ROCK / Glam 0, Rap 1

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The Independent Culture
WHY DO Shakespears Sister come on stage to Bette Davis singing 'I've Written a Letter to Daddy'? Bette is clearly a big influence on Siobhan Fahey's madwoman-just-out-of-the-attic routine, but she and her glitter-pop partner Marcy Detroit want to forget their respective pasts (in Bananarama and Eric Clapton's band), not relive them.

They appear in the shining raiment of their videos - Siobhan as Morticia Addams meets the Christmas fairy, Marcy as Louise Brooks with a solid career in personnel management. In person, these are not quite as convincing.

Siobhan has a strong physical presence, striding about doing arbitrary drop-kicks and lolling to one side in Lene Lovich broken doll mode. But she doesn't have a very strong voice, a fact that cannot be got around in the wide open spaces of the Hammersmith Odeon. The band don't sound too good either. They look fine - properly glam and androgynous - but the drums plod and the solos labour. Only Marcy's occasional harmonica and reliably swooping falsetto have the power to cut through the sludge.

Shakespears Sister sound like Haysi Fantayzee one minute and Big Country the next. They're never really funky and they don't quite rock out, but people seem to like them. Their feminist credentials are less than rock-solid - on tour with Eric, Marcy used to do a solo number called 'Teach Me to be Your Woman', and Siobhan's transformation does not entirely ring true - but this has not done their sales much harm.

'Stay' didn't monopolise the No 1 slot for as long as Bryan Adams's 'Everything I Do . . .', but it felt as if it did. The song's alternately shrill and doomy neurosis, compounded by a truly morbid video, struck a depressing chord with the populace. They do an impressively fresh version of it tonight though, and follow up with two good songs: 'I Don't Care', and the newly re-released 'Goodbye Cruel World', which is actually two good songs in itself, being an astute weld of the bass line from Bowie's 'Heroes' and the cheery snarl of Steve Harley's 'Come Up and See Me'.

Any group which opens its first British show by saying 'We are here to celebrate life, death and the struggles of our ancestors', and leaves proclaiming 'Peace, love and power to the people' might reasonably expect to be run out of town as a shocking bunch of hippies. Not so Arrested Development, who - deep-fried, deep Southern rural eco-rappers that they are - are about as current as you can get, and put on such a show that the venue is threatened with civil disobedience when they don't do an encore.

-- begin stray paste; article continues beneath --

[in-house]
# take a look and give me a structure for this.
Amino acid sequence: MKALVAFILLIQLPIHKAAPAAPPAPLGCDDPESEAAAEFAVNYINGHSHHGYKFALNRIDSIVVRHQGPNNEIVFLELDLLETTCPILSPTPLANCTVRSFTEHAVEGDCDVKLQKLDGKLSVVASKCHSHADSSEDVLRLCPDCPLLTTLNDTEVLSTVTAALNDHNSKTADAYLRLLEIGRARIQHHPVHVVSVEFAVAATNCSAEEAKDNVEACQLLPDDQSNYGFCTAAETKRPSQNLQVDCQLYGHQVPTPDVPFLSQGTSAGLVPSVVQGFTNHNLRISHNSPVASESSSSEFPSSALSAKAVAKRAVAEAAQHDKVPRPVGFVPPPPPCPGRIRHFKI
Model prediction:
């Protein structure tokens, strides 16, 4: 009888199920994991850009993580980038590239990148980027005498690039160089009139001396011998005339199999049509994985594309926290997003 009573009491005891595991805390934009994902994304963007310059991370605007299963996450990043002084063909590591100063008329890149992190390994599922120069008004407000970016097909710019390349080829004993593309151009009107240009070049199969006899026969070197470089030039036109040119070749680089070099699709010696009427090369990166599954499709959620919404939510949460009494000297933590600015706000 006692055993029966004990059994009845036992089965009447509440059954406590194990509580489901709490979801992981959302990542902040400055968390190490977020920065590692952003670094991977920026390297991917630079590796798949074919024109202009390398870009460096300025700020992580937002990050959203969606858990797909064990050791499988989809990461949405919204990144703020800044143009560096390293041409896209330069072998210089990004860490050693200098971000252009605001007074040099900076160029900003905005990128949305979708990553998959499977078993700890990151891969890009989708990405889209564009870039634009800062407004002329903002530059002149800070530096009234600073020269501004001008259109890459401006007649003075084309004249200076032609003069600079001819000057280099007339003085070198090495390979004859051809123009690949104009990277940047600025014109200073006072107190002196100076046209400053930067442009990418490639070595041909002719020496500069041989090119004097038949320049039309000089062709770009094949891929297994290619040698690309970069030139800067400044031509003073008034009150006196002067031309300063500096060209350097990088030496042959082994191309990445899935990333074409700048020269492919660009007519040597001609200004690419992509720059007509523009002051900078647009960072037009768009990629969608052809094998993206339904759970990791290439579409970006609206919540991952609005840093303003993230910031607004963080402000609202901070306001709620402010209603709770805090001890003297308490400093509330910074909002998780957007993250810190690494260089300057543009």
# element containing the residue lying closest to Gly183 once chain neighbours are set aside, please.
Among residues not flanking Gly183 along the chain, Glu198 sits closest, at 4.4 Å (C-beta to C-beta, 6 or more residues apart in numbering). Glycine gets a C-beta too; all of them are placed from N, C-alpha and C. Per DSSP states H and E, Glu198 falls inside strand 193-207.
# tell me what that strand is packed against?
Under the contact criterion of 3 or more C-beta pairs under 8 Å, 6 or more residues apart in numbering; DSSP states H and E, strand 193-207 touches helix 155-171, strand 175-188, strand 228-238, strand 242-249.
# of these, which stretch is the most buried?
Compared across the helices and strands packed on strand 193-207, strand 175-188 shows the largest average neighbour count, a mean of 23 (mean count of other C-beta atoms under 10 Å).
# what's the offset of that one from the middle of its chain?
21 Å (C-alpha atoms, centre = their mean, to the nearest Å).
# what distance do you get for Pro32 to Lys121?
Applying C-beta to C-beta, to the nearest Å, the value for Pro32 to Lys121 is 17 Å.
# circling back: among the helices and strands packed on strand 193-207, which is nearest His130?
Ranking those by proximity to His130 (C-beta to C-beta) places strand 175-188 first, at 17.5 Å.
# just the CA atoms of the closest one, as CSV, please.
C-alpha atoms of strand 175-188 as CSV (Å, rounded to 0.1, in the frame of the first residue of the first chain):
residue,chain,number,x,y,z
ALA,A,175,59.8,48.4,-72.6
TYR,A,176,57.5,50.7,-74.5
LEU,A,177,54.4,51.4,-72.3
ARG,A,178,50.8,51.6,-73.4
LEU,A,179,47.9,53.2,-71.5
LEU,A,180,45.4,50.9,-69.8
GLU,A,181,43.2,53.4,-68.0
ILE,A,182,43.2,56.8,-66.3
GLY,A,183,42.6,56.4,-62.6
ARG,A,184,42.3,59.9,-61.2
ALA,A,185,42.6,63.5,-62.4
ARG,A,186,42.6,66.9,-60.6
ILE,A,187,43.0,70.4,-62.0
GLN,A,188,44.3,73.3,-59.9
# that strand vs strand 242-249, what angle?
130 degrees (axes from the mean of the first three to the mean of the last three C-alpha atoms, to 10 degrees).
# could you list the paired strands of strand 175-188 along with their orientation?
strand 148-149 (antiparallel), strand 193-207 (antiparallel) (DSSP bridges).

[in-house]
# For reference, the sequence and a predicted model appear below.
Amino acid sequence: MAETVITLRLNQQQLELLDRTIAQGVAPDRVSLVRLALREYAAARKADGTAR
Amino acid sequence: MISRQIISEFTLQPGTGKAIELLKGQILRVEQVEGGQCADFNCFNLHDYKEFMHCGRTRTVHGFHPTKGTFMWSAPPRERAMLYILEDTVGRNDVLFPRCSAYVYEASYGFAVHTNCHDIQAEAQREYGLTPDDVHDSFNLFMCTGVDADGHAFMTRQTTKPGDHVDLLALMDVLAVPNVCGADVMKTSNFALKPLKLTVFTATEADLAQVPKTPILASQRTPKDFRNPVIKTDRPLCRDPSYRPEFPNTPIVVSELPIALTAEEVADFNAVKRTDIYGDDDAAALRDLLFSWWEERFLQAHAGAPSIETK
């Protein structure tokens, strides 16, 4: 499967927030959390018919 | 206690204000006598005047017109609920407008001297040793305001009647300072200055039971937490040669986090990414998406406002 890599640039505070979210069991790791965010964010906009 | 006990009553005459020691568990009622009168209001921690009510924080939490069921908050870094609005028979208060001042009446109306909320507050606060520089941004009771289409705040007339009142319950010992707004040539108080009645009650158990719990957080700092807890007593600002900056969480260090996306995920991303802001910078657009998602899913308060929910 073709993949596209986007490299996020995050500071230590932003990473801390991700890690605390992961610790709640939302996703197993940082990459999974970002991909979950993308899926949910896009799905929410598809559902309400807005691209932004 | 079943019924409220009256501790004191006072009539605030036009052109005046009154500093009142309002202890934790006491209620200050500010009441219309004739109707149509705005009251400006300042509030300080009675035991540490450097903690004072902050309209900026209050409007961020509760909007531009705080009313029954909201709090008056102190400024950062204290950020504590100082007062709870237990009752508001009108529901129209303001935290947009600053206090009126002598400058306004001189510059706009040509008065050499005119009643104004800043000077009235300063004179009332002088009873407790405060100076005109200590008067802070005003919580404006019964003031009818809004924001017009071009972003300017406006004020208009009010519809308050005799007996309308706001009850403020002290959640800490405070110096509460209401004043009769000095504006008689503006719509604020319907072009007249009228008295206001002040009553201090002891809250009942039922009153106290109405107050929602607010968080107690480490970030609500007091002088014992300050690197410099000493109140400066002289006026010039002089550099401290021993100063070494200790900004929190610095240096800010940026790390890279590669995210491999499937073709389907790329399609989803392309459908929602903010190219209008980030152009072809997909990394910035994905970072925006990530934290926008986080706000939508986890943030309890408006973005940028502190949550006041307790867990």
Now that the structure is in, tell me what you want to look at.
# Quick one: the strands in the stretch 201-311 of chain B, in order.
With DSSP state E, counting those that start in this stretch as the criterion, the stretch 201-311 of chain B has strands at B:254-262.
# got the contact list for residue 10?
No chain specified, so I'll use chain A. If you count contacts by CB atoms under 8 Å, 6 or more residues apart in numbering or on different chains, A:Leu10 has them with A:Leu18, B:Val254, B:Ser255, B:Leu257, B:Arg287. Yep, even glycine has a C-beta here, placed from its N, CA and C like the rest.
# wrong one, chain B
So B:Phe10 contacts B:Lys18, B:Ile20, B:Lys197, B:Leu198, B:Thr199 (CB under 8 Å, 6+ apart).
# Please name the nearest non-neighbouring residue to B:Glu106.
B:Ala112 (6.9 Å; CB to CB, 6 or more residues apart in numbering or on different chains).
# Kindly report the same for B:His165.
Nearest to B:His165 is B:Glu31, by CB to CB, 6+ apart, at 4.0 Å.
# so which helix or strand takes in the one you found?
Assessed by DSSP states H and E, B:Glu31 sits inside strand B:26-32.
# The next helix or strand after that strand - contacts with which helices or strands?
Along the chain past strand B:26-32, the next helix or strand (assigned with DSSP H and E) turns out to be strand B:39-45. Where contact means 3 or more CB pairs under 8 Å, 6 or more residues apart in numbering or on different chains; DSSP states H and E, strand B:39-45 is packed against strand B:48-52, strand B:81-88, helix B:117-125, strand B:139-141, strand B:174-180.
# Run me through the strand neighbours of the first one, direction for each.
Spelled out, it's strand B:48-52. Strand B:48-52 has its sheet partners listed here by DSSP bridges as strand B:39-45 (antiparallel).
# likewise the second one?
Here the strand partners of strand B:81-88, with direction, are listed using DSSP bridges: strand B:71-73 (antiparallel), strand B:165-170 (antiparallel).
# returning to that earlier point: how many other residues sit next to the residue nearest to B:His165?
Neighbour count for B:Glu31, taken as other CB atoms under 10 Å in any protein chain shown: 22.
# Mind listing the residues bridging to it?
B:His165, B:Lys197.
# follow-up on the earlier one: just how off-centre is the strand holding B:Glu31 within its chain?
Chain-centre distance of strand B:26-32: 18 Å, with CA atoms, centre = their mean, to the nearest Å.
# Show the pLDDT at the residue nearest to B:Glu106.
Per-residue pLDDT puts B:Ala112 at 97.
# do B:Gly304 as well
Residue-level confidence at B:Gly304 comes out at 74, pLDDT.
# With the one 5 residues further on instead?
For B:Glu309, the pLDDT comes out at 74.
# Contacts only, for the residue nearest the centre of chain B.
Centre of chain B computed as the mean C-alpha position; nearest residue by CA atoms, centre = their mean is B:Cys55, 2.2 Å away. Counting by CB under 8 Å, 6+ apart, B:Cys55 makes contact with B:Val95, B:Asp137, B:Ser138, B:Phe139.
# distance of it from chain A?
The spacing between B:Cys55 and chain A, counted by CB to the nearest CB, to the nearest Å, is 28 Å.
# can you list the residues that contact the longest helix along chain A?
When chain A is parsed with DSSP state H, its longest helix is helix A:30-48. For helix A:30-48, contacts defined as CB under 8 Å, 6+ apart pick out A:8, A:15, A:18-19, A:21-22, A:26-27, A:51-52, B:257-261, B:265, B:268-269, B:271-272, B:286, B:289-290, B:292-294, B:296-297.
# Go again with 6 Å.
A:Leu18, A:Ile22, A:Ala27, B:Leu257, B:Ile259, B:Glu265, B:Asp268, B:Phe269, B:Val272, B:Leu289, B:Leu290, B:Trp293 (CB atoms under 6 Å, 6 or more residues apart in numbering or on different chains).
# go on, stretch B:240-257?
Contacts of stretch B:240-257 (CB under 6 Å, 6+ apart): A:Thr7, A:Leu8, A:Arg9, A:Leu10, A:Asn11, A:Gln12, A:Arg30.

The small stage of the Jazz Cafe, usually a bastion of metropolitan swank, is overwhelmed with folksy props - nave art, a washing line, hessian bags of coffee and sugar. The DJ, Headliner, reclines jovially at his single turntable - which is like a guitarist only having three strings, but it seems to work. If this sounds a bit self-conscious, it is, but the affectation is carried off in a joyful blur of music and movement.

Arrested Development do something almost unheard-of in hip-hop - they come across better live than on record. The beguiling chat and croon of rapper/philosopher Speech bounces spryly off the soulful tones of singer Dionne, and skilful choreography, a live drummer and theatrical use of props like umbrellas and wigs enable the six-strong group to sidestep the static aspect of so many rap shows. They also fly in the face of the genre's dead- end machismo. You'd think something this ideologically wholesome would be pretty indigestible. Not a bit of it.

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